"One person in his late 50s wrote to me, and I quote: `Before our meeting, I had wondered whether travelling back and forth to the West Country for a two-hour interview was good use of my time. I have to say, it proved well and truly worth it'. He got the job he wanted and, more to the point, he had learned a lot about himself," she says.
There are signs of a significant growth in the number of people wanting careers counselling. "It is not at the rate I would have hoped for," says Julia. "People mention their successes to colleagues, but it is still a big step to take on a coach."
Too often, people fail to identify their strengths. Julia has a catalogue of people who see their passion for their subject as a weakness, not a strength, or who resist direct eye contact with an interview panel.
One woman who was reluctant to look directly at people wrote to Julia after overcoming the problem and getting the job she was after. "Not only am I seeing more, but I believe people are listening more to what I am saying," she wrote. "Going into meetings now, I think they want to listen. The coaching helped me immensely with my confidence."
FROM SPREADSHEETS TO PEOPLE PERSON
Susanne Davies readily admits her biggest problem as a manager has been her lack of ability to handle people. "I'm a strategic person - a planner," she says. "Give me a spread-sheet and I'll happily colour it in."
From the moment she put her foot on the management ladder, Susanne found herself quick to take offence or take arguments personally.
The cause of her problems soon became clear. "I had had no training.
"I was employed for my teaching skills but was suddenly a middle manager, which demanded completely different strengths," she says.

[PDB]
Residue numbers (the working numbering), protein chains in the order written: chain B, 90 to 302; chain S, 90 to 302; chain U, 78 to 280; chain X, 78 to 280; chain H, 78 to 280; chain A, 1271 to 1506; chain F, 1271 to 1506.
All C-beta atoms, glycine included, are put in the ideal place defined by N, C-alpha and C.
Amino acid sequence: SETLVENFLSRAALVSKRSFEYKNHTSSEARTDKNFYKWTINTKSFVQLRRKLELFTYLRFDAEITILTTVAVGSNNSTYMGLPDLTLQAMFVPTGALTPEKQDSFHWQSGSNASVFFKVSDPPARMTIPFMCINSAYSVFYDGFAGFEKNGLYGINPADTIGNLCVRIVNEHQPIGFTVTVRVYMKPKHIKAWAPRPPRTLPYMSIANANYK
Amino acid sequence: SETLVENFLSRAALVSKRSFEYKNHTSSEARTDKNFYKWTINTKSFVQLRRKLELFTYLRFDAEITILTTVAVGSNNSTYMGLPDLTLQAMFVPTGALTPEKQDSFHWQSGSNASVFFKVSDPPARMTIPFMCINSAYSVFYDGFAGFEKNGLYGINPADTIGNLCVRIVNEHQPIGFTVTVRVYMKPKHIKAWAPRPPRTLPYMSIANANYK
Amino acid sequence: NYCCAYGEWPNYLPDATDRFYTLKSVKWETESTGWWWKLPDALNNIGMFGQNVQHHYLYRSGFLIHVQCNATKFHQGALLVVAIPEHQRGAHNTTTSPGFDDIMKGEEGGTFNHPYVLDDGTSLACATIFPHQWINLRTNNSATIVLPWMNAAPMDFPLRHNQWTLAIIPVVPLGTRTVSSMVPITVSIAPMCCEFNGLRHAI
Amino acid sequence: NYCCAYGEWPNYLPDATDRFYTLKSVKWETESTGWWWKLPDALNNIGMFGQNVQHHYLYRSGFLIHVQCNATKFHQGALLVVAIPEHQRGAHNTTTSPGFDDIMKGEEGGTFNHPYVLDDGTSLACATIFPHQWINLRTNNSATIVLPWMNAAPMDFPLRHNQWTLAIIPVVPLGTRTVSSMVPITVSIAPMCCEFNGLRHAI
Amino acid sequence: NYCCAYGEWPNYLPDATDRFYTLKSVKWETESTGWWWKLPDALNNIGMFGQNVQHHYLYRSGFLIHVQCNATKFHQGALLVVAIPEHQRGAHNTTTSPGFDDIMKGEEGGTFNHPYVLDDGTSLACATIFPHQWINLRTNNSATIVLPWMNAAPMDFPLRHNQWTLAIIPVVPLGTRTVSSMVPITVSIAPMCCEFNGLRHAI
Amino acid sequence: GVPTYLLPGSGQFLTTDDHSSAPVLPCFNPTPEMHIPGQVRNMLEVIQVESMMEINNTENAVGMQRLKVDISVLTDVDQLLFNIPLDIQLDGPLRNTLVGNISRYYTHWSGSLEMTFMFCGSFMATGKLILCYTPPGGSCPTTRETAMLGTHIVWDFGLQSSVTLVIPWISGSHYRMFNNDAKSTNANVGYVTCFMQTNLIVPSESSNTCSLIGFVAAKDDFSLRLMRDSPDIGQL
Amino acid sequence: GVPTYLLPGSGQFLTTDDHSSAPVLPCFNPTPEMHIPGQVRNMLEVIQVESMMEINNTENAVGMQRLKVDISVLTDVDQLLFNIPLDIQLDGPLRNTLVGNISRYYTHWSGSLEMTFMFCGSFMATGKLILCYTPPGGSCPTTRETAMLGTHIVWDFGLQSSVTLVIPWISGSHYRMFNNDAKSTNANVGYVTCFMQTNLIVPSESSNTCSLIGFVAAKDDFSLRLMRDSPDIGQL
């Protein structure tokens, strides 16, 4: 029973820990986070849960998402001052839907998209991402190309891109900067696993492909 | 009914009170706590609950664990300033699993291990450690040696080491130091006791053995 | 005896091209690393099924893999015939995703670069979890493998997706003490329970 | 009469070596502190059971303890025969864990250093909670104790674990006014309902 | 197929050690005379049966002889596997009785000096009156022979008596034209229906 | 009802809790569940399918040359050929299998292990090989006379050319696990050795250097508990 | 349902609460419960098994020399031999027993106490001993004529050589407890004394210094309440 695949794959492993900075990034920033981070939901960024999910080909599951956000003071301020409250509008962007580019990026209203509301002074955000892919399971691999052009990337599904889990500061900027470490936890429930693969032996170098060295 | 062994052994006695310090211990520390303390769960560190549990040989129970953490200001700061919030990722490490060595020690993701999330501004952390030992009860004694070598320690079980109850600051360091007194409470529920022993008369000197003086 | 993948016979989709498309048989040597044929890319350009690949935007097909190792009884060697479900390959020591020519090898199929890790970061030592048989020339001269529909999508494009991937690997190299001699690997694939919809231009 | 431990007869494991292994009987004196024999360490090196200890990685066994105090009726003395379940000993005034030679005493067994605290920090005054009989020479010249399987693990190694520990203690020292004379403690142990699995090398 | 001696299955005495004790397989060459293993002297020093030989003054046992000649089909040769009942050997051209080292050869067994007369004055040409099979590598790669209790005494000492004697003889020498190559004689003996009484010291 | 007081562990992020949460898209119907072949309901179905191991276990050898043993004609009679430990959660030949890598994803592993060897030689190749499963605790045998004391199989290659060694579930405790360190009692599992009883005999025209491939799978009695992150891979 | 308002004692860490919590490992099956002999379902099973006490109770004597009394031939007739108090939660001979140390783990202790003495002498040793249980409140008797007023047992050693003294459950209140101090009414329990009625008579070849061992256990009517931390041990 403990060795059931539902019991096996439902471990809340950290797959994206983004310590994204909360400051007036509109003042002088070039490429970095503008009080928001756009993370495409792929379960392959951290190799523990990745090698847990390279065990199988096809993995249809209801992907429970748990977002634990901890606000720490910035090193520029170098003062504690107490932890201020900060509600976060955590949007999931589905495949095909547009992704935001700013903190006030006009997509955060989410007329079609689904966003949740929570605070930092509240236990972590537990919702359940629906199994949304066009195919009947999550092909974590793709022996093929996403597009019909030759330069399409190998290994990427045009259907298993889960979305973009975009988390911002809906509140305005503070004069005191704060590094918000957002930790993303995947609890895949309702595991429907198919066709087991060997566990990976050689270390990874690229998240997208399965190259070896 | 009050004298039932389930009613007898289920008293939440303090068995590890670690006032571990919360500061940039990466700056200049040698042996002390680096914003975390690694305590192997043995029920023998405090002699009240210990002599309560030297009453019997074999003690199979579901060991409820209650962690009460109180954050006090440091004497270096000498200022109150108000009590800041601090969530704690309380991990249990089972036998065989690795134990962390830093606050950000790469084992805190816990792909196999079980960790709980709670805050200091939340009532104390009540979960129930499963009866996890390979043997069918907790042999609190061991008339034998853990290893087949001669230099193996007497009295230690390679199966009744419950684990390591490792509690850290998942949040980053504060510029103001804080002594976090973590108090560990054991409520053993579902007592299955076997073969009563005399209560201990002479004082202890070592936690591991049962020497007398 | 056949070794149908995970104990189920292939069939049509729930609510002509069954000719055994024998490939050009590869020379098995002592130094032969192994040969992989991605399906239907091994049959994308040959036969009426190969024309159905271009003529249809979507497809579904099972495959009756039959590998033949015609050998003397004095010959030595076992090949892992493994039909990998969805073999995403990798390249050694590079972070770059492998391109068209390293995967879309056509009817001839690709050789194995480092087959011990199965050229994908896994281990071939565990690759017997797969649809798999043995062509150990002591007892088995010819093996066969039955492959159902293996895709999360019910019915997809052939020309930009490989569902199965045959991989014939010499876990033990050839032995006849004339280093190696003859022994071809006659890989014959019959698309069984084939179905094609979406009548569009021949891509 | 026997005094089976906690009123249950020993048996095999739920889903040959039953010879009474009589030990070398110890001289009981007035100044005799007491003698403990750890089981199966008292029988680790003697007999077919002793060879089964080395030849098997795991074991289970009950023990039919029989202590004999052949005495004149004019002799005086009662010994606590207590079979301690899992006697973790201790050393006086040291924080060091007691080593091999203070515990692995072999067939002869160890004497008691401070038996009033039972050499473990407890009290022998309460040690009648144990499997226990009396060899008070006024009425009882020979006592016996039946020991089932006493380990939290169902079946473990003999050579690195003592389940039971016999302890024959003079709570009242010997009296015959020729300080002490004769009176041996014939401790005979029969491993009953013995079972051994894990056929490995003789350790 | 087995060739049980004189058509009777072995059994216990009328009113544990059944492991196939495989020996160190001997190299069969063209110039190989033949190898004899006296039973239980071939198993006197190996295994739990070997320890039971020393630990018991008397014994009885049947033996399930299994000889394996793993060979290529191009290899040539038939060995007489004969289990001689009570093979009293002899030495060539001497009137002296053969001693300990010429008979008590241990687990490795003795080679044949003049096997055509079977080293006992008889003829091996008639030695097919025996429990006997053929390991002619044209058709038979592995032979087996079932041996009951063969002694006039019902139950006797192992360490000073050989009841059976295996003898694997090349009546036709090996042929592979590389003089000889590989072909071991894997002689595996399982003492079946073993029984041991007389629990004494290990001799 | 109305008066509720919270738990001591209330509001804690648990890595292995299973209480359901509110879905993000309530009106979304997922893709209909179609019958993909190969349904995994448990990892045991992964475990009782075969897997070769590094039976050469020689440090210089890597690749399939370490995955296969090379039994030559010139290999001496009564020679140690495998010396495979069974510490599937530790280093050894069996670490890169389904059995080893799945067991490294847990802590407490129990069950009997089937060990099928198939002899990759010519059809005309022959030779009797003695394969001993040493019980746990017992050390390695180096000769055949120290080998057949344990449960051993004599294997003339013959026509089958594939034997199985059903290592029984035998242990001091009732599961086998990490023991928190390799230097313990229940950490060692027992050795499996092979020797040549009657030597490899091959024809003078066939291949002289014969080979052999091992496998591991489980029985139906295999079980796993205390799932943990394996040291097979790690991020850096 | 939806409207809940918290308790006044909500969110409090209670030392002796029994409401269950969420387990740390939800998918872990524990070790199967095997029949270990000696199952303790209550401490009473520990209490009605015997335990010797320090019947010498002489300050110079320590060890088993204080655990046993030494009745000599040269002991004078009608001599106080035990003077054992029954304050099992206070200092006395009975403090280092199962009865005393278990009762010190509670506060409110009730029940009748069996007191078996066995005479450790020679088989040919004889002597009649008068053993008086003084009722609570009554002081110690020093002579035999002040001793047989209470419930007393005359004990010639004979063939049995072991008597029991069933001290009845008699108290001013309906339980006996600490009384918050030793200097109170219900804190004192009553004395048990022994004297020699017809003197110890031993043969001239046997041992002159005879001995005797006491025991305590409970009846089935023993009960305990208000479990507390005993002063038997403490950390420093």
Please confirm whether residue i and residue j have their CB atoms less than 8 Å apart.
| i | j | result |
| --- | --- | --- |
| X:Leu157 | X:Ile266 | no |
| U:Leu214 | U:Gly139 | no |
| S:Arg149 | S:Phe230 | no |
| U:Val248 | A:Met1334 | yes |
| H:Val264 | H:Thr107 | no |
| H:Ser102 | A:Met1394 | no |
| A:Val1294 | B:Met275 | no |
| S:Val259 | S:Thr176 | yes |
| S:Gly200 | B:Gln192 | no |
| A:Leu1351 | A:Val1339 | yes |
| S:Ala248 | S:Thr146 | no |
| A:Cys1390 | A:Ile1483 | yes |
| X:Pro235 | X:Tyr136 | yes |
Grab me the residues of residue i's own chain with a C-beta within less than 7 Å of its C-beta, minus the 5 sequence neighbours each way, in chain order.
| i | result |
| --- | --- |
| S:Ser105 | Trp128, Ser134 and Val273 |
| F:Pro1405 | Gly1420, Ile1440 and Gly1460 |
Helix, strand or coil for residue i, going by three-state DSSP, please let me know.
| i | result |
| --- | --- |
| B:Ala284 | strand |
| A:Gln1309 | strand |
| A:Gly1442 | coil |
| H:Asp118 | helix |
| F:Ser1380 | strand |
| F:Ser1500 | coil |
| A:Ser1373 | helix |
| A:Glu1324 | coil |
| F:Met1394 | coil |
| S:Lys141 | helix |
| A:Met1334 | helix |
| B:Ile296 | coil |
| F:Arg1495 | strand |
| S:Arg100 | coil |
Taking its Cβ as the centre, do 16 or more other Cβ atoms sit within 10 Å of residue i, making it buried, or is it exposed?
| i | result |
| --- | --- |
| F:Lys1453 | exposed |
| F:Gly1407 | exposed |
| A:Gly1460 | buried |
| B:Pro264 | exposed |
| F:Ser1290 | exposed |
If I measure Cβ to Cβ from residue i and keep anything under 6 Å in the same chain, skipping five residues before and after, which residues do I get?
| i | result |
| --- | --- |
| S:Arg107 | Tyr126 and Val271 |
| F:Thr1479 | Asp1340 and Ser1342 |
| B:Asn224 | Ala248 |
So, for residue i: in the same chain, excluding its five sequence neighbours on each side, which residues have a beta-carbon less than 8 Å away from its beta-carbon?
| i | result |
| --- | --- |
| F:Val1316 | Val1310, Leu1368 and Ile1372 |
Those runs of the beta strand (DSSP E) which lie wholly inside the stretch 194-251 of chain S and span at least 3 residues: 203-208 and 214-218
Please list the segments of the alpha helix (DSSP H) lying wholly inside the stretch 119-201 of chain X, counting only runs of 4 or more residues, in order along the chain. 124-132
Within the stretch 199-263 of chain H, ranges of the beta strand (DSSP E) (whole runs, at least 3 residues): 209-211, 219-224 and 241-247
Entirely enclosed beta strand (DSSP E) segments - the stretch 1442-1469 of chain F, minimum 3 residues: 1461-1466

"FE is like the NHS. It has hundreds of managers not doing a good enough job, and I include myself in that.
"You get promoted and are told to get on with it, when you actually need help to do a better job."
Rather than just whinge or quit, Susanne decided to get some training and signed up for a course with the Centre for Excellence in Leadership (CEL). This carried a "virtual fund" of pound;3,000, giving her flexibility to pick and mix programmes.
The most valuable part of the investment proved to be careers coaching, face-to-face or telephone interviews with experienced further education training managers. "They help you identify your problems and work them through. It's a bit like counselling; the choice of words you use helps you clarify things."
Susanne found she could use her strengths as a strategic thinker to handle people better, finding original approaches to setting agendas for meetings and having pre-meetings with individuals who might otherwise prove difficult. "I learned not to personalise issues or see every argument as an attack on me. As a result, I have much more confidence in my ability to deal with people."
She chose the course after failing to get a senior management post at a Cambridgeshire college. "I came away from the interview with no idea of why I had failed. Feedback was vague and gave me no clues to the answers I was seeking."
She talked though the issues with CEL careers coach Julia Coleman, who helped her analyse her CV, her personal approach to the interview panel and the direction of her ambition.
After this, she applied to be deputy director of curriculum at Furness College in Cumbria and walked into the job with new confidence.
"I can't praise Julia and her colleagues enough," she said. "She is the reason I got the job and I will readily go back to her for advice."